Many times business owners ask about the right time or best time to sell their businesses. There are three basic factors to consider in assessing the proper timing to sell a privately held company: general economic conditions, the company’s performance, and an owner’s personal situation. Each of these factors must be considered both individually and collectively when considering when to sell a business.
A strong economy usually creates a robust climate for M&A activity and attractive valuations for business owners seeking to sell. Despite the current weakness in certain segments of the economy and the uncertainty of the global economy, there is a strong level of M&A activity as prospective buyers are flush with cash and are looking for acquisitions to spur growth in a low growth economy.
Regardless of general economic conditions, a company’s performance is the single most important factor in insuring a successful sale and maximizing value. Buyers are looking for companies with growing sales and profits that are well positioned for continued growth. Other company specific sources of value enhancement include strong internal processes (e.g. accounting and IT), established intellectual property (e.g. brands and patents), and a management team capable of running the company in the owner’s absence. At any point in time, some industries will be considered more attractive than others. However, any business that has successfully operated through one or more economic cycles can be an attractive sale candidate.
“While no business owner wants to leave money on the table, personal factors unrelated to valuation must be considered when deciding on when to sell.”
While no business owner wants to leave money on the table, personal factors unrelated to valuation must be considered when deciding on when to sell. While personal reasons are often unique to each individual and include a wide range of issues, generally speaking they fall into one of three broad categories; family and health issues, emotional burn-out, and a lower tolerance for risk. While family and health issues are usually obvious (e.g. divorce, illness, death), emotional and risk tolerance issues can be more subtle and build over time. Chronic fatigue, constantly feeling overwhelmed, and loss of enthusiasm for the business are examples of burn-out. A lower tolerance for risk may be the realization that the additional years of ownership necessary to achieve revenue and profit goals, or get through another business cycle are incompatible with a business owner’s plans to retire or goal of pursuing other activities.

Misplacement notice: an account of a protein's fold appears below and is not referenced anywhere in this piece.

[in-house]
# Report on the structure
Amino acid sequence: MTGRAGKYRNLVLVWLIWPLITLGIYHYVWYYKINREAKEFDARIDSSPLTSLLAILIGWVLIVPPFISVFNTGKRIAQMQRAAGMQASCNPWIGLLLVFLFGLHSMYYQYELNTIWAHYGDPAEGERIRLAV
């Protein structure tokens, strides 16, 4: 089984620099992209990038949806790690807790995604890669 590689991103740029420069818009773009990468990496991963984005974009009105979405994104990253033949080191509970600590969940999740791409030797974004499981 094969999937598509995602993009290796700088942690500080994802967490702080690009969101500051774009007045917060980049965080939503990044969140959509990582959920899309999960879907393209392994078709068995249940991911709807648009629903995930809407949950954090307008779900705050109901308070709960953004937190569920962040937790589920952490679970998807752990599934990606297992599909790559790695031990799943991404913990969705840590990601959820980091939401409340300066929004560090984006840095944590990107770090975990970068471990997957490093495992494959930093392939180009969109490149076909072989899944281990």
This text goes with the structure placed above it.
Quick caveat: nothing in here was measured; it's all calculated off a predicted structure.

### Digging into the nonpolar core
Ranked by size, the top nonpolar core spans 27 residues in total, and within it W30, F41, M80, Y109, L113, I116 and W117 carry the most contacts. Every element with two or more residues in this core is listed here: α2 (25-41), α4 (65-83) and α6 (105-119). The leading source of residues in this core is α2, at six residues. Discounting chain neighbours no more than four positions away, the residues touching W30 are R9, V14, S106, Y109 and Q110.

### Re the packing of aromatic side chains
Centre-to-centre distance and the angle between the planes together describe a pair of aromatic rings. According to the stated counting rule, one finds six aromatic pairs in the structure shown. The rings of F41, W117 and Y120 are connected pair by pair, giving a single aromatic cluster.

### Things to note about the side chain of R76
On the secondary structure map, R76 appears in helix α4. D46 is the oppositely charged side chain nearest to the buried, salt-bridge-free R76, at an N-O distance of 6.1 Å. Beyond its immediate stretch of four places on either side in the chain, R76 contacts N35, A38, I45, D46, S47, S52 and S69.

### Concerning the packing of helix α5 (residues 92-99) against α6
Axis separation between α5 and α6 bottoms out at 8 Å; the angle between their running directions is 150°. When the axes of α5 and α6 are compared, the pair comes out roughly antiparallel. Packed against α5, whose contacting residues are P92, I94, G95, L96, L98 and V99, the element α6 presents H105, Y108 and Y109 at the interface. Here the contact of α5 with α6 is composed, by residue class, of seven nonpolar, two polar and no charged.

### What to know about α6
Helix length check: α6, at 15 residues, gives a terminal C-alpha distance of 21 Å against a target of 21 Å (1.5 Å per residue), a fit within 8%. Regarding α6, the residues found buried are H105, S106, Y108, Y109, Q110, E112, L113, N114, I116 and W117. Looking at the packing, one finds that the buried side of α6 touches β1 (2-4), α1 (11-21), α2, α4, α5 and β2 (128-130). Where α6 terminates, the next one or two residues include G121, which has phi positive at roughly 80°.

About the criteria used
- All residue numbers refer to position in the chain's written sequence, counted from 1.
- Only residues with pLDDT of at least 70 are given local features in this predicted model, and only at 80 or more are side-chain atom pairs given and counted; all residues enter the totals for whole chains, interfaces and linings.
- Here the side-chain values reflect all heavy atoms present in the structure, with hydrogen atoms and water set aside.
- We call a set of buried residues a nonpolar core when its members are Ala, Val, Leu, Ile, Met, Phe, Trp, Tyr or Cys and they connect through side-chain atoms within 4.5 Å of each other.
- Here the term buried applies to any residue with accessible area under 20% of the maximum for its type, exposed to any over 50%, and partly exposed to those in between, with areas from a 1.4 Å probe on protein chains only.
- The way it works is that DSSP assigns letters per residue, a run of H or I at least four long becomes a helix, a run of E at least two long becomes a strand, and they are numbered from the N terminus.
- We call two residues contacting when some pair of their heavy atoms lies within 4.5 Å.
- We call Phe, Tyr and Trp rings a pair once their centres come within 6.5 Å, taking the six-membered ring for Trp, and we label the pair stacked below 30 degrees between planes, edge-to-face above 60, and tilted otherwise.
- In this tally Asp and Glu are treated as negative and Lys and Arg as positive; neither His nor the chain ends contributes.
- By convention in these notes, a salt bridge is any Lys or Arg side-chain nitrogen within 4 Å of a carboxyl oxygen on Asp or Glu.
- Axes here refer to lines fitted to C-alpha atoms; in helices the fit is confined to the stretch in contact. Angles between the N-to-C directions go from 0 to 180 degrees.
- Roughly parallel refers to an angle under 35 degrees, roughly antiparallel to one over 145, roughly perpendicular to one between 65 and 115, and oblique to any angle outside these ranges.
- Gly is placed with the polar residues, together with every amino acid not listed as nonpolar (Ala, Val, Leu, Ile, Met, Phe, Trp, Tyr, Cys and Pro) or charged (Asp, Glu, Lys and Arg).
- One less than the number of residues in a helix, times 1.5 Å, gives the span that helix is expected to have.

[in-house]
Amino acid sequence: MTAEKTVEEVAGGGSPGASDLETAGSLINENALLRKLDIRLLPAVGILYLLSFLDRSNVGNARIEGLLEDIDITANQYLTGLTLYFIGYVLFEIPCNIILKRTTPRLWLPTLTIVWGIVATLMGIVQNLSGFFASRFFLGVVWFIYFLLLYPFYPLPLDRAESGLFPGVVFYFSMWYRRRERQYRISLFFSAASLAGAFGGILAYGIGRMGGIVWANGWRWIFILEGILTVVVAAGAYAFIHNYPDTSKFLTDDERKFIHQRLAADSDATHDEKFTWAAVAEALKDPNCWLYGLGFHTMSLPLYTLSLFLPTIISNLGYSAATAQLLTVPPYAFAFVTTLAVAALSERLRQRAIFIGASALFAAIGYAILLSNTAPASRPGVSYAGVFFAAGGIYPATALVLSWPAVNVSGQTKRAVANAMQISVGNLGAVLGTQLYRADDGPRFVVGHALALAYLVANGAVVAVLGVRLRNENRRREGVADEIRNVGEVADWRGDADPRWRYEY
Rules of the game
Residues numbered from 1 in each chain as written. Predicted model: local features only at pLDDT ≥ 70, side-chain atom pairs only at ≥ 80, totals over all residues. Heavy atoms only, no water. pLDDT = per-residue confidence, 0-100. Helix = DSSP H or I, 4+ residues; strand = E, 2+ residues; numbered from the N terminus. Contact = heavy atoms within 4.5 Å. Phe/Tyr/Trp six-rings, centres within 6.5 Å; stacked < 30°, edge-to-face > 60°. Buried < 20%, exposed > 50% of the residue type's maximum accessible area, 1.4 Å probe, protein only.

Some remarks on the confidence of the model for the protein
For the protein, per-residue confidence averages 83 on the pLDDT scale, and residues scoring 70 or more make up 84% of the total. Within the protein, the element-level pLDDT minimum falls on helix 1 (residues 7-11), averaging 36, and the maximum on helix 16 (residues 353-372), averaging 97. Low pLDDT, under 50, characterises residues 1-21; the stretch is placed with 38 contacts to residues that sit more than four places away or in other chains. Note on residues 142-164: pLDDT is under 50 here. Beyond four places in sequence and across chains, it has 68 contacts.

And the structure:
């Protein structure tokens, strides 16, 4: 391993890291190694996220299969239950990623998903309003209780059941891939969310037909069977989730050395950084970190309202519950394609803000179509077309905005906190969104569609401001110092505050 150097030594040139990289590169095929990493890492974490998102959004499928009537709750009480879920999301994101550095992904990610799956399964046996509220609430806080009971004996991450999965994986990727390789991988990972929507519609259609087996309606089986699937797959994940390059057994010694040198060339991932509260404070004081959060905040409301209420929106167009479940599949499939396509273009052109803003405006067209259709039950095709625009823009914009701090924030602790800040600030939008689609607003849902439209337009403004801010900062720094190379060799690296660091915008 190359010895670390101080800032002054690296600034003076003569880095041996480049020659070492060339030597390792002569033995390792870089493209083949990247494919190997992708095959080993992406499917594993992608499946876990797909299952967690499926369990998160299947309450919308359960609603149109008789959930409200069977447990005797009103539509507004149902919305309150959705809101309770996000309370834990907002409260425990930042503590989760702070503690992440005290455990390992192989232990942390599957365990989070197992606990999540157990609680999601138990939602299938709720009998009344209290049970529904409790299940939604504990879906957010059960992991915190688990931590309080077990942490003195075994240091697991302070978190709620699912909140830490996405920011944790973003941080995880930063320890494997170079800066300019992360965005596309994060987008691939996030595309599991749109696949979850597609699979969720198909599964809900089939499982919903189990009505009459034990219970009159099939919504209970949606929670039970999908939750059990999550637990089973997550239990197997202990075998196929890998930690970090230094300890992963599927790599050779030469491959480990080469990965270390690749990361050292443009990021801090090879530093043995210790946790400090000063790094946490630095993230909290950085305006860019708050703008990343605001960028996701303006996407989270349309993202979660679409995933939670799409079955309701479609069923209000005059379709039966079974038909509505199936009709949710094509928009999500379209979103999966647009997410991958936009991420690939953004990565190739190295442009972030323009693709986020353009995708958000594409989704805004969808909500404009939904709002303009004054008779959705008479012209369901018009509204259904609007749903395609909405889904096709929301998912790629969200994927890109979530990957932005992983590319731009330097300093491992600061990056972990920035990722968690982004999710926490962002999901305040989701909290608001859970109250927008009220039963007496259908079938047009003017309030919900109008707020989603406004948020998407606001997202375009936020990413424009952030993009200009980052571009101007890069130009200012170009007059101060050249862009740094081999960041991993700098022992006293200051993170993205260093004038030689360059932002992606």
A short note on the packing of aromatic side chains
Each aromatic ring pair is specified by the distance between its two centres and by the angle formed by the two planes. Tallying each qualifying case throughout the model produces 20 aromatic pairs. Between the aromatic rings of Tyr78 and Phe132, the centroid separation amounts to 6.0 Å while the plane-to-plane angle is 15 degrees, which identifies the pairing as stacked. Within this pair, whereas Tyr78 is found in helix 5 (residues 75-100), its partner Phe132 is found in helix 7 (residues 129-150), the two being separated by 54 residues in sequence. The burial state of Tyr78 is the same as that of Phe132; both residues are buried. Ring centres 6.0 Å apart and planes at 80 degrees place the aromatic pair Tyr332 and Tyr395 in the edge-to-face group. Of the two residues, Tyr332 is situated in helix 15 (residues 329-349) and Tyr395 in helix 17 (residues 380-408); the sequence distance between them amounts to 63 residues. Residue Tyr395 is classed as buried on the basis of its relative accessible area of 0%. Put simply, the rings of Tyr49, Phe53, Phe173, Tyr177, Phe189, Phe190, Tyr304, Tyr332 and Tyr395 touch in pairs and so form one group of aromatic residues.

When planning the timing of a sale, a business owner must allow adequate lead time for preparing the business for sale and completing an effective sale process. Preparing the business for sale may take as little as a few weeks or as long as several years if the business owner needs to implement significant changes in the company’s operations or complete their estate planning. A well-managed sale process conducted by an experienced M&A advisor will typically take 6 to 12 months from start to closing.
Given the wide range of factors affecting timing and the lead time necessary to complete a sale, it is virtually impossible to “time the market.” However, business owners should be cognizant of the factors affecting the M&A environment and carefully consider them in connection with developing and implementing their exit plan. Last, regardless of timing, a business owner should bear in mind that a decision to sell substantially reduces downside risk and allows them an opportunity to diversity their portfolio.
This post was originally published by the Exit Planning Institute newsletter.